• By John F. Chisholm •
My wife caught me yesterday, stretched out, face down on the fresh mown lawn. “What are you doing?”
I opened my eyes reluctantly, squinting upward into the warm sunshine. My wife stood above me, arms akimbo, staring down with obvious concern for my sanity.
“Listening to the grass grow.”
I interrupted. I knew what was coming. “You should try it first,” I suggested.
“I haven’t time for such foolishness.” She began walking away.
“Strange. Aren’t you the woman who believes in the beneficial effects of meditation? Or was that only for academic situations?”
The sting was too much. Wendy turned. (I was treading dangerous ground. She’s very proud of her alma mater. Last I heard they didn’t graduate idiots.) “What are you saying?” A warning tone echoed in her voice.
I sat up. “Come on, honey. Stretch out beside me. Right here.” I patted the lawn. It’s the prettiest sort of day. We just served a six-month sentence for daring to believe in Maine.” I paused. “Now, at long last, we’re paroled by a weather panel of sixty degrees and soft southwesterly breezes. Isn’t it time you gave them a minute?”
She sat down reluctantly. “I have a lot to do. Andi will be here in half an hour. I don’t want to keep her waiting.”
“Relax. You have enough time. Stretch out. Just like this.” I demonstrated. “Now, if you want to hear anything, close your eyes.” I waited while she mimicked my posture. “Okay. What do you smell?”
“I thought I was listening!”
“You are. First, close your eyes. Second, inhale deeply. Third, listen with all your heart.”
“You listen with your ears!”
“You might want to listen with your heart, too.”
“Okay. Okay. I smell dirt.”
I laughed. “I smell fresh-mowed grass, dandelion greens and humus. The lilacs must be just beginning to open and what’s that? A hint of apple blossoms thrown in?”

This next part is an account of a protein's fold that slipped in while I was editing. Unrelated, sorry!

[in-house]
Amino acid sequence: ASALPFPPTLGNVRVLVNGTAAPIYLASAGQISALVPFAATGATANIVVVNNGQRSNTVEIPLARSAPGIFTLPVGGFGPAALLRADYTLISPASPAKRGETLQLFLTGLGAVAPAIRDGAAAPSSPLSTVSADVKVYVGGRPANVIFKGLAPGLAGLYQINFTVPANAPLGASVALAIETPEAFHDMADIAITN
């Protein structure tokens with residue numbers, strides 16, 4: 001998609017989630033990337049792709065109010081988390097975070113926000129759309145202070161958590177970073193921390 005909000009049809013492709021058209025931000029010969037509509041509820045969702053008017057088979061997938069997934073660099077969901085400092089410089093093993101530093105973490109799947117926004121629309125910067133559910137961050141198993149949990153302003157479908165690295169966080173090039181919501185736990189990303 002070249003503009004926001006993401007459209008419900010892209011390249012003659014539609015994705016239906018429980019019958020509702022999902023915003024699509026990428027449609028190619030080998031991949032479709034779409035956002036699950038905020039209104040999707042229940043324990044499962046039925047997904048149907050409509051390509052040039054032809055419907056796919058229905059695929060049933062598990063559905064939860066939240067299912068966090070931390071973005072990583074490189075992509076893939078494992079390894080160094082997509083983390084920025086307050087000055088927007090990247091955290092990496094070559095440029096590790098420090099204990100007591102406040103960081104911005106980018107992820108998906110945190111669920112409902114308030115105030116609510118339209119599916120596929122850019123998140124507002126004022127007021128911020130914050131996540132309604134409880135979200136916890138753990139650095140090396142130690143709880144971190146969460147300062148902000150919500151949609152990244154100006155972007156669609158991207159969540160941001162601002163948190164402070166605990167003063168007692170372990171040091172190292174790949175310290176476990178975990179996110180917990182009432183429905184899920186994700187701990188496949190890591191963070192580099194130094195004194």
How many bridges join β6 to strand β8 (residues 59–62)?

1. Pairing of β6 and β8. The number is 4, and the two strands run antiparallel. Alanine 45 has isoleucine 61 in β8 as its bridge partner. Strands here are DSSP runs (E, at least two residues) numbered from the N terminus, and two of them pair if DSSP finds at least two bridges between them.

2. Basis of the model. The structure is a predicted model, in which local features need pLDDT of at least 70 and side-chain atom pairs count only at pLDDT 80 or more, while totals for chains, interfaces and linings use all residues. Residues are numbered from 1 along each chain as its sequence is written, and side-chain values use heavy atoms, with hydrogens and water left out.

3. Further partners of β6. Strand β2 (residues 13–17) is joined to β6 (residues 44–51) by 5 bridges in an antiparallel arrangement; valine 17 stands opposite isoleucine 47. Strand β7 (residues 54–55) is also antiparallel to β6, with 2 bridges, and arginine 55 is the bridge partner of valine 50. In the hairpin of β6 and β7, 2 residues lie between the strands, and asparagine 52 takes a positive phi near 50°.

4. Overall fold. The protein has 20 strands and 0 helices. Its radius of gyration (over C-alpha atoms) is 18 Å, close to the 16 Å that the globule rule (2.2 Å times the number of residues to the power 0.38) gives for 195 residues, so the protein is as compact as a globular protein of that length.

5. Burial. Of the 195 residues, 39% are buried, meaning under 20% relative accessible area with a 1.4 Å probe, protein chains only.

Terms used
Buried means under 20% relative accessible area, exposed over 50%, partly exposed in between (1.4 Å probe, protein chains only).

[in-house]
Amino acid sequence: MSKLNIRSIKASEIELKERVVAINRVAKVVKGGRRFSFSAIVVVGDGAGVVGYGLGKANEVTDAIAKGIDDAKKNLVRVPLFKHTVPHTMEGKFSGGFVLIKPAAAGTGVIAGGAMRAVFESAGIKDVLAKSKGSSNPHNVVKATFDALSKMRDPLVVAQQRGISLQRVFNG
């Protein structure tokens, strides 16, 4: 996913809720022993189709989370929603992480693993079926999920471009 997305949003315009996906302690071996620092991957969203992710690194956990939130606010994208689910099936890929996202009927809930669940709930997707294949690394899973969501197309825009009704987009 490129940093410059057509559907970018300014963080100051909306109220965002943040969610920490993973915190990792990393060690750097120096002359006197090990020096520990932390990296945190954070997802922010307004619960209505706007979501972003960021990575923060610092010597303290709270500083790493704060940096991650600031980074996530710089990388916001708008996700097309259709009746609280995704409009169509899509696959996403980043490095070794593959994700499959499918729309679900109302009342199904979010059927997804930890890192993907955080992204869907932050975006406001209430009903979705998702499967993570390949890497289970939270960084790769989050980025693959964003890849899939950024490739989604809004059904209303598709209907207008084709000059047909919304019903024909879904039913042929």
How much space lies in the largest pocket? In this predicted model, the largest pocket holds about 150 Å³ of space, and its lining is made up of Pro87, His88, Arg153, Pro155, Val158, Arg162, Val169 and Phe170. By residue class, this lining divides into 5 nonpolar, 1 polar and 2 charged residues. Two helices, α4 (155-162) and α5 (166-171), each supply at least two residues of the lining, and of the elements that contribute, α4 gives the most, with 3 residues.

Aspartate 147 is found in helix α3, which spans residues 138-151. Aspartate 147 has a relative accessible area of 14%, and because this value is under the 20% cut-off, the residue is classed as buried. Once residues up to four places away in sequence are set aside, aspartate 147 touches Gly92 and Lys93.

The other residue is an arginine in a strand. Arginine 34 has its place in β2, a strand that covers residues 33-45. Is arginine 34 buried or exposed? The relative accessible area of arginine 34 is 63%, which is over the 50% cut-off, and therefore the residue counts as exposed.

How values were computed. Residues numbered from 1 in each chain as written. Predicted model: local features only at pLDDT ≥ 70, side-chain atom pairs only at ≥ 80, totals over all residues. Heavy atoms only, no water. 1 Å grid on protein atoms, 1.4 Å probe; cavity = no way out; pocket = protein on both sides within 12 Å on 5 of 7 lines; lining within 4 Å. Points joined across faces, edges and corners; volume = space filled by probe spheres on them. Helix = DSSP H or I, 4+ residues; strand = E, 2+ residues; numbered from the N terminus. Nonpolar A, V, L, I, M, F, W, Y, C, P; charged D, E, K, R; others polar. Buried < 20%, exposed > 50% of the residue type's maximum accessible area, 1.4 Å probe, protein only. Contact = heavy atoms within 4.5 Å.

“You really smell all that?”
“I do. Now listen. What do you hear?”
“Flies. My sweatshirt’s getting damp. Are we done?”
“Give it another minute.”
It took all of that. Probably more. “I hear robins,” my wife admitted at last.
“Yes, they have a nest in the fir hedge.”
“I hear swallows, too.”
“They’re catching those flies you were worried about earlier. Now put your ear right to the ground. What else?”
Her answer was ten minutes coming. “There’s a vibration,” Wendy marveled at last.
“Yes,” I agreed. “That’s our neighbor, Gray Mullen. He’s chopping hay today.”
“That’s a half mile away,” my wife muttered, amazed.
“You’ll have to listen harder than that if you want to hear the grass grow. Anything else?”
I waited a long time for her reply.
“I can hear my heart beat but nothing else.” She sat up, brushing grass clippings and bud scales from her shirt.
I sat up, too. “You have the nicest earring. You haven’t worn it in a long time.” I reached out and gently extracted a whirl-a-gig clinging to her hair. I showed it to her. “The maple trees out front have been making them, nonstop.”
She smiled, looking at it. Her voice was calm, even serene. “So what was this all about?”
I shrugged. It would never pay me to point out the changes in my wife’s demeanor. That would only start a fight. “It always pays to listen,” I noted instead.
“You’re crazy.” She stood, laughed and, leaning over, kissed me.
I laughed in return. “So you did hear it?”
“I heard it.”
“Absolutely. If you try as hard as you can, paying attention to everything around you on exactly the right spring day, you really can hear the grass grow.”